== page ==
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Australia’s Stance On Climate Change

After recently returning from a twenty-year stint abroad, I have been spending the last few months “surveying the land“. It appears that whilst there are some great projects on the ground, we Australians are way behind reducing our overall impact on this world and thus our long term sustainability. Overall my feeling is that the boat is on fire and we need to extinguish the flames – jumping overboard is not a long term option as we will not be able to survive in those frigid waters – or in this case, on a boiling planet. Better still, let’s make sure the boat is safe, fully stocked and in a good state of repair before we head out to sea.

With the imminent “Climate Change Election” in play, concerns over the climate and the environment have never been greater. Australia is one of the top 20 greenhouse gas (GHG) emitters with a footprint greater than all of France. It is already experiencing the effects of climate change, including increased heatwaves and mass coral bleaching on the Great Barrier Reef, ravaging bush fires, record century-breaking floods and is the global leader in mammal extinction. In fact, a Climate Council study warns that unless future governments have the political will to deal with climate change, the value of major assets, such as people’s properties, could plunge over the next decade. The study estimated residential property value losses of $571 billion by 2030 related to increased extreme weather events, inundation of some low-lying coastal areas and higher insurance premiums.

Most of our population are city dwellers – in fact, Australia is one of the world’s most urbanized countries with 89% of its population living in just a few urbanized areas. Interestingly, a recently released Cities A List report by the non-profit environmental impact group, the Carbon Disclosure Project (CDP) ranked the climate leadership performance of around 500 cities worldwide. Included among them is Melbourne Australia aiming for net zero emissions by next year (2020) and Sydney Australia by 2050 with cities abroad like Seattle and Washington, USA, Paris France, London UK, and Boston USA aiming to be carbon neutral by 2050. Back in February, the incumbent government explained that it planned to meet its 2030 targets by using Kyoto carry over credits rather than by actually reducing carbon dioxide emissions. This is in spite of the fact that almost all developed countries have said they will not use these credits which effectively are a cheat – greenwashing at its best! The IMF estimates that annual fossil fuel energy subsidies in Australia total $29 billion, equivalent to a subsidy of $1,198 per person, representing 2.3 percent of Australian GDP.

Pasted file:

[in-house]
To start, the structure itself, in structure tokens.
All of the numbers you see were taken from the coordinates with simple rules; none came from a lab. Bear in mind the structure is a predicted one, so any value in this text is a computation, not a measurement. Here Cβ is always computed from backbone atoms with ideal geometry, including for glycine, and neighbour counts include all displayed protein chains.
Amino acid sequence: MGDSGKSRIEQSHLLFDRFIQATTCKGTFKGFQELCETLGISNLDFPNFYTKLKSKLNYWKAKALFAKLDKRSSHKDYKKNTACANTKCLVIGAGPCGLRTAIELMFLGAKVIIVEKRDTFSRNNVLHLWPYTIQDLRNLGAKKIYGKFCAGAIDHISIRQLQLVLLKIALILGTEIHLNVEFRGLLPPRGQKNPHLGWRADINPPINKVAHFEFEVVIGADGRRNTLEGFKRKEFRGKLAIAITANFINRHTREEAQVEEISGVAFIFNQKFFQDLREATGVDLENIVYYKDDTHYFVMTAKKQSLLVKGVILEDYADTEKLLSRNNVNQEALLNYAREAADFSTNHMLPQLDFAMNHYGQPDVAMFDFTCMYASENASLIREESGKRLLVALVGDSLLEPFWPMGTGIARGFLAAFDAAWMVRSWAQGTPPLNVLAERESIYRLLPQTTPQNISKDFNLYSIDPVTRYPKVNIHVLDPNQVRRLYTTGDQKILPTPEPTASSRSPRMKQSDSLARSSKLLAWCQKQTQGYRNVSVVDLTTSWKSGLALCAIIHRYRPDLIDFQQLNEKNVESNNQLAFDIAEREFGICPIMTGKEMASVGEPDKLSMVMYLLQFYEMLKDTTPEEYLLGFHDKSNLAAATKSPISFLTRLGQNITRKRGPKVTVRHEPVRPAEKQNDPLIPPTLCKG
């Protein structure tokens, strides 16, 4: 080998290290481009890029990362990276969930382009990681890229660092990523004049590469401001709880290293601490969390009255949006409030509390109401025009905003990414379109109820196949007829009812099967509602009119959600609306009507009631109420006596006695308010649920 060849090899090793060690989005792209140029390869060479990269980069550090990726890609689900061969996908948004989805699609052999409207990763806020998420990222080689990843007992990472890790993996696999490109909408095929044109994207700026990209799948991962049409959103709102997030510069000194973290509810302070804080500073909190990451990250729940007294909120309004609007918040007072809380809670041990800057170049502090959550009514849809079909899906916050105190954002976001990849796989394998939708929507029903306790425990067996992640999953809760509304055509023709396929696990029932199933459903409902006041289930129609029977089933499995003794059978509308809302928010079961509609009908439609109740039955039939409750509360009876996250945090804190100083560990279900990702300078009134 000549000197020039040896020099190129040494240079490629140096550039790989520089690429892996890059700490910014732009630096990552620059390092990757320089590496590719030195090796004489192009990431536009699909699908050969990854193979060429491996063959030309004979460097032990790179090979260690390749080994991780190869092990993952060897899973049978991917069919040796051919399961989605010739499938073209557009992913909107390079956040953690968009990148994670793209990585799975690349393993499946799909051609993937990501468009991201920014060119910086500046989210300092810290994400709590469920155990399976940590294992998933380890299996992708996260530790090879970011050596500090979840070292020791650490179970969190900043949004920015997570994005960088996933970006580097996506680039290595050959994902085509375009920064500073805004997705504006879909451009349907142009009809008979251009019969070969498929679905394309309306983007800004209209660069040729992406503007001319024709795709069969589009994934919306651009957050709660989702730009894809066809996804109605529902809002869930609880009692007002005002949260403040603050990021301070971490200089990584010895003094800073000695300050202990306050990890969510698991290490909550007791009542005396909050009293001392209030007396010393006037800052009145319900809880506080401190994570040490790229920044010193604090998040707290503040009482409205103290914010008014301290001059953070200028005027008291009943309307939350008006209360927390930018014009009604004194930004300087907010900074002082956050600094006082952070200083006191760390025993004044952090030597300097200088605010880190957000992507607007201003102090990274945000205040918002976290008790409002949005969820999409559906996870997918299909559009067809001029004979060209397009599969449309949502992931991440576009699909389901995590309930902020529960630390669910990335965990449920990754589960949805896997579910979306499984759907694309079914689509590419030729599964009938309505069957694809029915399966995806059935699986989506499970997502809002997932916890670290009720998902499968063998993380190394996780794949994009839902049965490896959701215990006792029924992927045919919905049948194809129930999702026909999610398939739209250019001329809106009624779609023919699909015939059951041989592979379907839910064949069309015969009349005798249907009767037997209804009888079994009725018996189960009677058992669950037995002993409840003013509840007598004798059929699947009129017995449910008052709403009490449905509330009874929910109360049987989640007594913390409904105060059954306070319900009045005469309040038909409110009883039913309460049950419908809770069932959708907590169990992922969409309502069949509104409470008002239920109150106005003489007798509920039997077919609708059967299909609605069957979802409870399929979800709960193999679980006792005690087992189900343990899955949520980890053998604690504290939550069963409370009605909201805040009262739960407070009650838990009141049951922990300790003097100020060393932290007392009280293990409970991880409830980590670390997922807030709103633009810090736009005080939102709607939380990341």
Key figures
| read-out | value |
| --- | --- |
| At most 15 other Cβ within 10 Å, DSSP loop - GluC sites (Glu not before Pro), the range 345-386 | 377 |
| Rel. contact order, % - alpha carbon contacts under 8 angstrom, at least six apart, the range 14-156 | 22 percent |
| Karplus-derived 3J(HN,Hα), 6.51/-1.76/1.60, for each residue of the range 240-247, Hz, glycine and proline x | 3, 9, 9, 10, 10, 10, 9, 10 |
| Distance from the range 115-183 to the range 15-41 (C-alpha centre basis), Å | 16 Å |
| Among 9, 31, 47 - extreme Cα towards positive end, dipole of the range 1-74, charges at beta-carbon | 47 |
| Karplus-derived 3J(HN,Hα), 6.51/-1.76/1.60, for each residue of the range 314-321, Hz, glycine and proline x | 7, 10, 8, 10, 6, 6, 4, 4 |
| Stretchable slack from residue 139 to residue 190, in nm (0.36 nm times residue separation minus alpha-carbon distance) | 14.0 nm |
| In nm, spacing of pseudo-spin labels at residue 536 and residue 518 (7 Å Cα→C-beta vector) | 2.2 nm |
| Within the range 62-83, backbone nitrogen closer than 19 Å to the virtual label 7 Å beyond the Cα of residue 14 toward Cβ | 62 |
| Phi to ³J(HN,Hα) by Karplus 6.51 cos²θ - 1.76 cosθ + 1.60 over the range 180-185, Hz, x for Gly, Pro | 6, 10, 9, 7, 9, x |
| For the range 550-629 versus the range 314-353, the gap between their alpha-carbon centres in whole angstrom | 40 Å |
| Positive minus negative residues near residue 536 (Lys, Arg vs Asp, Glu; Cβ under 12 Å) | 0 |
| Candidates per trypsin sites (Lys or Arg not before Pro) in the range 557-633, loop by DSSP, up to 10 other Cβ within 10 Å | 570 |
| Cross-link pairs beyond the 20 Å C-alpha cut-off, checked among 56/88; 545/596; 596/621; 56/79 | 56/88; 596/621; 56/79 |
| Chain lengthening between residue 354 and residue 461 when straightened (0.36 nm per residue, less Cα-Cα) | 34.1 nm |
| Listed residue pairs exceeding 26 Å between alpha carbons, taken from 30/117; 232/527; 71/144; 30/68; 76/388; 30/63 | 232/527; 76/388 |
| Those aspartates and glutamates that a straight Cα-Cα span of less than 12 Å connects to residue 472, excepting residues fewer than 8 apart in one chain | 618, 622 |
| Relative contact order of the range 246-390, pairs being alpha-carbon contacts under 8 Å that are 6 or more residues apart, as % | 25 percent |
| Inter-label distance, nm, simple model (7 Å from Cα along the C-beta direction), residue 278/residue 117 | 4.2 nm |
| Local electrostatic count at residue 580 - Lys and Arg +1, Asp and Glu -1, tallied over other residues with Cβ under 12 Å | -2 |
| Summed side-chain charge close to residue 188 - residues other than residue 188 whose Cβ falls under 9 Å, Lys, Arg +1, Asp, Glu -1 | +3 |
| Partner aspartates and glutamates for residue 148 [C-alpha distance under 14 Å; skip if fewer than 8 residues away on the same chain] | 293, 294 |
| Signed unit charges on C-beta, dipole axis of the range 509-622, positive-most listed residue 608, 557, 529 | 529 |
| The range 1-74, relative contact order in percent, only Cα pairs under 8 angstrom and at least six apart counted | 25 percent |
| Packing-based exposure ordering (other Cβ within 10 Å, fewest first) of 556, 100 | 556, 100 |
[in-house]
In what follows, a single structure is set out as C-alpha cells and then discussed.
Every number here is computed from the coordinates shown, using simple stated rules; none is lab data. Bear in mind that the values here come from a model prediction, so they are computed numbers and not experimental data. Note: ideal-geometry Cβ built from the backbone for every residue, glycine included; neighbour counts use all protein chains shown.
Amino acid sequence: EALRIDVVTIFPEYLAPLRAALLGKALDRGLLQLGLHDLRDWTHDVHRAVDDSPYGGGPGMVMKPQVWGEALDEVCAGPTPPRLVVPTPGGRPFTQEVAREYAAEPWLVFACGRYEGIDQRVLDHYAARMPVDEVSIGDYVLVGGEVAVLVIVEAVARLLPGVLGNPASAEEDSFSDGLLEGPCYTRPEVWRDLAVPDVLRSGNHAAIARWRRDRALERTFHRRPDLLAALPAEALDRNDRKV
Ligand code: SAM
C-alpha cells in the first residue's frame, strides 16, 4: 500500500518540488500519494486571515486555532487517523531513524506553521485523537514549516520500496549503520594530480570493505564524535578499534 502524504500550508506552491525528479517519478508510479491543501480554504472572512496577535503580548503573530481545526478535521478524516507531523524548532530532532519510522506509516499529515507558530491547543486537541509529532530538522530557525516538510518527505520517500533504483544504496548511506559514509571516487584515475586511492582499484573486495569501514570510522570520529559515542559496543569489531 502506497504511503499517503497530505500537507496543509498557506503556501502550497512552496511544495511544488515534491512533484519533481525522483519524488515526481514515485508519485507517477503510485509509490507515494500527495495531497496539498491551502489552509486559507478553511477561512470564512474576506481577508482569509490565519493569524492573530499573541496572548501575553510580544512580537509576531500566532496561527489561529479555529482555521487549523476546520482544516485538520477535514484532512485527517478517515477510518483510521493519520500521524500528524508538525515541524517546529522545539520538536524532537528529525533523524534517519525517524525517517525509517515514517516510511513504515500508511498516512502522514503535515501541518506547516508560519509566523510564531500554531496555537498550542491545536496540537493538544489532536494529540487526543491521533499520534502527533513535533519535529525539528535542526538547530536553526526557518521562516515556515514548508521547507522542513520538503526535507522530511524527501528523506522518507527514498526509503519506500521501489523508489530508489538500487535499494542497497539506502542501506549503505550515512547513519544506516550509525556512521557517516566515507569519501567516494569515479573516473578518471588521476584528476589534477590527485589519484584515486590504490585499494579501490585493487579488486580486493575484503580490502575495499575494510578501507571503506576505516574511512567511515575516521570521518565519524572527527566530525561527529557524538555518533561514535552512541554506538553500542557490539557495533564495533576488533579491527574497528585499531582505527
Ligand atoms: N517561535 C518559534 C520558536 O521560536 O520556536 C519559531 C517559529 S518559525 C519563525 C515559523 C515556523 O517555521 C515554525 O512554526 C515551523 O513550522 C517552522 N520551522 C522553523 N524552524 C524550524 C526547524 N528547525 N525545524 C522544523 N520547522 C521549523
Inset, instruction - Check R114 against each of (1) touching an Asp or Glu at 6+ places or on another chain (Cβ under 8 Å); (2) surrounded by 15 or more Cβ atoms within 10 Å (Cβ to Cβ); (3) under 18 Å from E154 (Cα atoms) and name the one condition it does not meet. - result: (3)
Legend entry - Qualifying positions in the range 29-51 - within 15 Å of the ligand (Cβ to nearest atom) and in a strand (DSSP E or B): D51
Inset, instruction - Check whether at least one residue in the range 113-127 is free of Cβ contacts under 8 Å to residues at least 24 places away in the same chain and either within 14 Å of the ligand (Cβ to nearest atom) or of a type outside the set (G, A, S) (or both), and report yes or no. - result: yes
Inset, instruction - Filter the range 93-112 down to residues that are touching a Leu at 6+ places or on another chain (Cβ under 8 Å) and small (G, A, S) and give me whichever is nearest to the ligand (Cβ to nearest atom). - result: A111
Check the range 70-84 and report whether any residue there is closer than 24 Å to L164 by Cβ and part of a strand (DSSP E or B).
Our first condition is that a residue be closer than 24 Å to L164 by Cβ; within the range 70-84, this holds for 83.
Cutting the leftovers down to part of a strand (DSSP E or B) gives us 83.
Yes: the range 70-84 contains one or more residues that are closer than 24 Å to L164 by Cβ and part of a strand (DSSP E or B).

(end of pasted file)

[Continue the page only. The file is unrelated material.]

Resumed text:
This is the first time, climate change has topped the list of potential threats to Australia, placing it ahead of terrorism. Recently, in an effort to showcase its might, the United Kingdom went one full week without burning coal for electricity, marking the longest stretch without combusting coal since London’s first coal-fired power plant fired up back in 1882. This comes amidst the Extinction Rebellion protest in London when Lawmakers declared a “climate emergency”. Earlier, The Republic of Ireland, with even more ambitious plans than the UK had declared a climate and biodiversity emergency, which it seeks to address in part by introducing electric vehicle (EV) hubs and building more sustainable homes to achieve that goal.